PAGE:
By Fr MICHAEL RICHARDS, Editor of The Clergy Review
When an article by Hugo Young in The Sunday Times on the English bishops and Northern Ireland was described by one commentator as "anticlerical", the epithet seemed to me decidedly odd.
I had read the article and had thought it full of constructive common sense; the idea that Hugo Young was being hostile to clergymen such as myself had never crossed my mind.
In spite of the Nei. that the SPCK persists in addressing me as "The Editor of The Clerical Review", my impression had always been that The Clergy Review, for example, was not generally regarded as leading a conspiracy against the laity.
And anyway, isn't the term "anti-clerical" a bit out of date in these post-Vatican II times? Surely no one should go on thinking in terms of a Church divided into "clergy", and "laity"; such divisions as there are run on quite different lines.
To start from the presupposition that there is a distinct "lay" point of view is to confuse everything from the beginning.
So I went back to Hugo Young's article and still found it fa of commonsense, It will only prevent that common sense from spreading itself around more widely if it is taken as in any way a threat to Catholic authority.
The important point is that he has called upon all Catholics to rise to the responsibilities at present laid upon them. As the bishops themselves have said, in their recent statement, we all need to do far more to uncover and remove the causes of violence. Moral condemnation and other forms of fulminated disapproval are not enough.
portunities, on someone or other's advice, were not taken advantage of is not the fault of the ageing Cardinal who, as he said himself. had become a completely changed person Such a changed and broken man was the man I met in London last year.
At an excellent luncheon party to mark the passing of an oldestablished firm of wine merchants out of private hands, I met a charming Downside monk. He was Fr Joseph Coombe-Tennant. He had, I discovered, got his MC during a world war much of which had been spent in a prison camp.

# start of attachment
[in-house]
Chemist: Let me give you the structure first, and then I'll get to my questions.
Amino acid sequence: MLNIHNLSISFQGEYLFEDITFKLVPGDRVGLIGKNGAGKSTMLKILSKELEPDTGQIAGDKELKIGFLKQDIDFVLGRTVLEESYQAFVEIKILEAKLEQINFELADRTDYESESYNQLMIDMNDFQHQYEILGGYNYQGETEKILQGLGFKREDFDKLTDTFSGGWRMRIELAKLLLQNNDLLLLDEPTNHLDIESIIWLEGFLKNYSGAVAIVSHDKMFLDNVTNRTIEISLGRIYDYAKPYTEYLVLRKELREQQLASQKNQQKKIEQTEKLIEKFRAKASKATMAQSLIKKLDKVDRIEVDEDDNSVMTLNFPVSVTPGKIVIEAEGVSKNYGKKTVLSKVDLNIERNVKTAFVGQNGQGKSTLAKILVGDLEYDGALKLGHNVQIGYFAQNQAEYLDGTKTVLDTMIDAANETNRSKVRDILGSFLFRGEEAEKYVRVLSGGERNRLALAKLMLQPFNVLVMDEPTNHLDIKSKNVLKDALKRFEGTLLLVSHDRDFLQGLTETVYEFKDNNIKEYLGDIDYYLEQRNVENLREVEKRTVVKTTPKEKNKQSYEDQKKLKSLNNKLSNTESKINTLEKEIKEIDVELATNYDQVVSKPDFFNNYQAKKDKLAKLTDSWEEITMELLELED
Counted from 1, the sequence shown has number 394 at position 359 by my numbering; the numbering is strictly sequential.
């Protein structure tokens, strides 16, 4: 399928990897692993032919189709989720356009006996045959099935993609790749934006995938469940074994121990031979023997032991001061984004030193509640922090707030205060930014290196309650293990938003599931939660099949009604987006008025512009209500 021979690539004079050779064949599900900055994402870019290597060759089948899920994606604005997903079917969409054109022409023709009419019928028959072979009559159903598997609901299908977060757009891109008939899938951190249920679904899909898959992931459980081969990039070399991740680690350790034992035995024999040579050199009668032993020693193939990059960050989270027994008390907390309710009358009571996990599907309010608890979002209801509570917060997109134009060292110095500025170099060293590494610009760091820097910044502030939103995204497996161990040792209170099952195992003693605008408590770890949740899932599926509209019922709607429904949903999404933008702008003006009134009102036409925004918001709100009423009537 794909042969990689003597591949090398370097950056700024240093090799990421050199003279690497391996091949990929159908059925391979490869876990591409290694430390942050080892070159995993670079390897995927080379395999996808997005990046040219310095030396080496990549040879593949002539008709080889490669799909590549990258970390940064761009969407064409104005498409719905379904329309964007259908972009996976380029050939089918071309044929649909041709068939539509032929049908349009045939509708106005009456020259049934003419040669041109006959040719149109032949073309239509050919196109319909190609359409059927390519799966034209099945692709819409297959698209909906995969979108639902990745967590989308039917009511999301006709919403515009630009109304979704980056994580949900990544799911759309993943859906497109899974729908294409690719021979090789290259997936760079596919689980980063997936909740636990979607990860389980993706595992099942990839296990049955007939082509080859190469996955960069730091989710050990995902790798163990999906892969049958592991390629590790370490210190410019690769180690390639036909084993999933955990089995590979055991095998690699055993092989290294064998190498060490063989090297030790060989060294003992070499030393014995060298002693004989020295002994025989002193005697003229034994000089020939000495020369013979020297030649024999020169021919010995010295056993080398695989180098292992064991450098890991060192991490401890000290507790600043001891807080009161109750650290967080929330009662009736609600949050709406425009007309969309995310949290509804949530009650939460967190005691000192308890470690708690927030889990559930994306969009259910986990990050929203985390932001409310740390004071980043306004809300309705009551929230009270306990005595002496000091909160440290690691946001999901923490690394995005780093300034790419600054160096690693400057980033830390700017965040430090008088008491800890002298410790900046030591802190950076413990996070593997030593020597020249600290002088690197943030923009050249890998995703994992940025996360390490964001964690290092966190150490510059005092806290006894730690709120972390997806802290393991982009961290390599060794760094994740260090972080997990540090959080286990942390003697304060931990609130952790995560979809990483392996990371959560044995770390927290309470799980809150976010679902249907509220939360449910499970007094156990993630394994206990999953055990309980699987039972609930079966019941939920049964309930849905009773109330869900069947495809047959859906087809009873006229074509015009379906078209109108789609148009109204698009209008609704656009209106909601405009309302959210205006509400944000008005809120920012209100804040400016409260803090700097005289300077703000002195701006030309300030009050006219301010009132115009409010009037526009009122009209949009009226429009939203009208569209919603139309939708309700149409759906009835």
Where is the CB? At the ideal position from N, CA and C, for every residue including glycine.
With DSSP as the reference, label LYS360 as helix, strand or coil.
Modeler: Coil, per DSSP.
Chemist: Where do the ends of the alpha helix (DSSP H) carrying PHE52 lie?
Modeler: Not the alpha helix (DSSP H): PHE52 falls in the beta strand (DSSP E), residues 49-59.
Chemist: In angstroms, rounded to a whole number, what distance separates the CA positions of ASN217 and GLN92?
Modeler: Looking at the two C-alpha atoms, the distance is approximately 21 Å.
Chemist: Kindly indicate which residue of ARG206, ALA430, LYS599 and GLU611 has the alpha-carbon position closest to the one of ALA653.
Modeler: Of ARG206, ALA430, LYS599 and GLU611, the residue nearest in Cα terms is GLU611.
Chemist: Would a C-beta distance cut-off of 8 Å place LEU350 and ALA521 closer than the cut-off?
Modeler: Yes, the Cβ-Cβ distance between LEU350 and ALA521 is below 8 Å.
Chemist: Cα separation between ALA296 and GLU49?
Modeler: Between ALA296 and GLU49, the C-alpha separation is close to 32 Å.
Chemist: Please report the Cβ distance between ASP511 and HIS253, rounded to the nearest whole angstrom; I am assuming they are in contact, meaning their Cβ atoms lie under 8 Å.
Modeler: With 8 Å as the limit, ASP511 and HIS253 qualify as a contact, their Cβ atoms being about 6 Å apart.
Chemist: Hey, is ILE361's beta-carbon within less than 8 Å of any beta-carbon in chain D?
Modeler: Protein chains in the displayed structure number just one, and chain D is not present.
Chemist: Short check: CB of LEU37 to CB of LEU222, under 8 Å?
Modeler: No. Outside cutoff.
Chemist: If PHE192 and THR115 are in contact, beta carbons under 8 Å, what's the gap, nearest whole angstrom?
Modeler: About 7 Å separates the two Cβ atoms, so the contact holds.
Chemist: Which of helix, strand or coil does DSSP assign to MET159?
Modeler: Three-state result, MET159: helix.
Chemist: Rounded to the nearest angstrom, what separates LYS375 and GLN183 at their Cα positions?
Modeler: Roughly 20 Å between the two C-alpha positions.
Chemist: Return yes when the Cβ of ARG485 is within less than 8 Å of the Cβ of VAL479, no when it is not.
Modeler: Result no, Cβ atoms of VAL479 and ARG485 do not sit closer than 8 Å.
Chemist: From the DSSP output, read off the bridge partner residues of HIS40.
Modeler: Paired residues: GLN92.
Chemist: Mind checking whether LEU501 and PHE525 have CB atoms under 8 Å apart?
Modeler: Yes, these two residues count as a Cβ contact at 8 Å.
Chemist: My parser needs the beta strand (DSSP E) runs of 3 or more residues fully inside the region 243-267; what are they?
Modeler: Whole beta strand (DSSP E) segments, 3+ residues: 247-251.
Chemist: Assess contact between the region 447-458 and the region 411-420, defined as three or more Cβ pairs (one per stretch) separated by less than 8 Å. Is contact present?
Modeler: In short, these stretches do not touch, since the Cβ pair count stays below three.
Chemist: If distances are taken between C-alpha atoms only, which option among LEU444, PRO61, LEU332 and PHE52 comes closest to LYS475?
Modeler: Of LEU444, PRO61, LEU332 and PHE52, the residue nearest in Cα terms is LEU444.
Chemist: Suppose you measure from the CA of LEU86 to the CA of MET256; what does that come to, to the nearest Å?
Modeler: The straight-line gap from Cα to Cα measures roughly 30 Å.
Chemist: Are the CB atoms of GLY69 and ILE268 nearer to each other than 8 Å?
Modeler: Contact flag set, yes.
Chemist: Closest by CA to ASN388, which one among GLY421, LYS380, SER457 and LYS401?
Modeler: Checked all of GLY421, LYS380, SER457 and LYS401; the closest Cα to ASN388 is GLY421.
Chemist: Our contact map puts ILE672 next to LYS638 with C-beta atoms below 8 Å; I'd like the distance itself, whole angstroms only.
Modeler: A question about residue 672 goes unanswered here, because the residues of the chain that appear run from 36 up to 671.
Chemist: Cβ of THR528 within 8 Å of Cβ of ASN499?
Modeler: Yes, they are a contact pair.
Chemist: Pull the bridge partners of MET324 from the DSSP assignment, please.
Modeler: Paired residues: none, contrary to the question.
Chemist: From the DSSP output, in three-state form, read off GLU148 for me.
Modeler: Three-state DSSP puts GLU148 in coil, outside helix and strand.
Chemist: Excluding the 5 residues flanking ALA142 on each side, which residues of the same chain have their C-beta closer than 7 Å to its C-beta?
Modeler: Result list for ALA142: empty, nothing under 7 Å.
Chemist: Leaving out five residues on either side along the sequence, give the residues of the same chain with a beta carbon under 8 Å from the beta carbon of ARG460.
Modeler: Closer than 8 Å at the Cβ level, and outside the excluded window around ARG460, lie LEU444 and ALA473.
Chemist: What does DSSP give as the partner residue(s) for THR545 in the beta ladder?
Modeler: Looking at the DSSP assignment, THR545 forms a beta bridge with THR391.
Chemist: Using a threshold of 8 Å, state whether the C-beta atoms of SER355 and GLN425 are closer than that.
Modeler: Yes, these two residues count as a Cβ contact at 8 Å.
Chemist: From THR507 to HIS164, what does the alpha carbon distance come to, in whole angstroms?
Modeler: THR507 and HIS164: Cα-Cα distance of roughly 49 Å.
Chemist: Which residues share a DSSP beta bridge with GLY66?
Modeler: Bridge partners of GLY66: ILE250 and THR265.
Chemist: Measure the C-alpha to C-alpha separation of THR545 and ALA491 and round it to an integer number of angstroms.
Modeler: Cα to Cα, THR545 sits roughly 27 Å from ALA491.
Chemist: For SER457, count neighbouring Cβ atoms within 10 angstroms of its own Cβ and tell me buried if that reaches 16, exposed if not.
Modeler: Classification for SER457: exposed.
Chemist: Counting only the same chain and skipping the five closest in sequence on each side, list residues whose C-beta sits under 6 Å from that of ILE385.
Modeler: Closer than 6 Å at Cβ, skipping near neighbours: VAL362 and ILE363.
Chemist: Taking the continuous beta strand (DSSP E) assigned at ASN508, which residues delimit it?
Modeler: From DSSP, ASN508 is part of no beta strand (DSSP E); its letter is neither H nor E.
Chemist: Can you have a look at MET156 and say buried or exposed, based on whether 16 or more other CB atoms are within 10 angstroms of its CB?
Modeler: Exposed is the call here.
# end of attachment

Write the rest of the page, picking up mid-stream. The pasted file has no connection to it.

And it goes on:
When, after the war, he joined the Downside community he was puzzled by the appearance of a fellow fledgling monk. Neither could at first remember where they had met before. Then they remembered that it was when both had been prisoners of war. The other monk was Dom John Roberts. new Abbot of Downside.
Catholics in England, Wales, Scotland and Ireland need to work together to detach the Catholic Church in these islands from every association with sectarian nationalism. This is something that Catholics in England, Scotland and Wales should understand very well. We have an honourable tradition of over 400 years of resistance to the identification of Christianity with national aspirations. Whatever Englishmen, or some of them, would still like to believe to the contrary the God of the New Israel is not the God of the English tribe, any more than He is the God of France.
By the same token, He is not the God of Ireland, and one must welcome any moves towards the separation of Church and State in Ireland which serve to bring this out.
In the present circumstances the identification of Irishness with Catholicism only serves to provide a religious sanction however primitive and preChristian, to acts of resistance and violence which are thus elevated into heroism and martyrdom.
A statement by Bishop Cahal Daly in 1972 showed an awareness of the deep religious dimension, as distinct from the merely moral one, at which the Church should he working.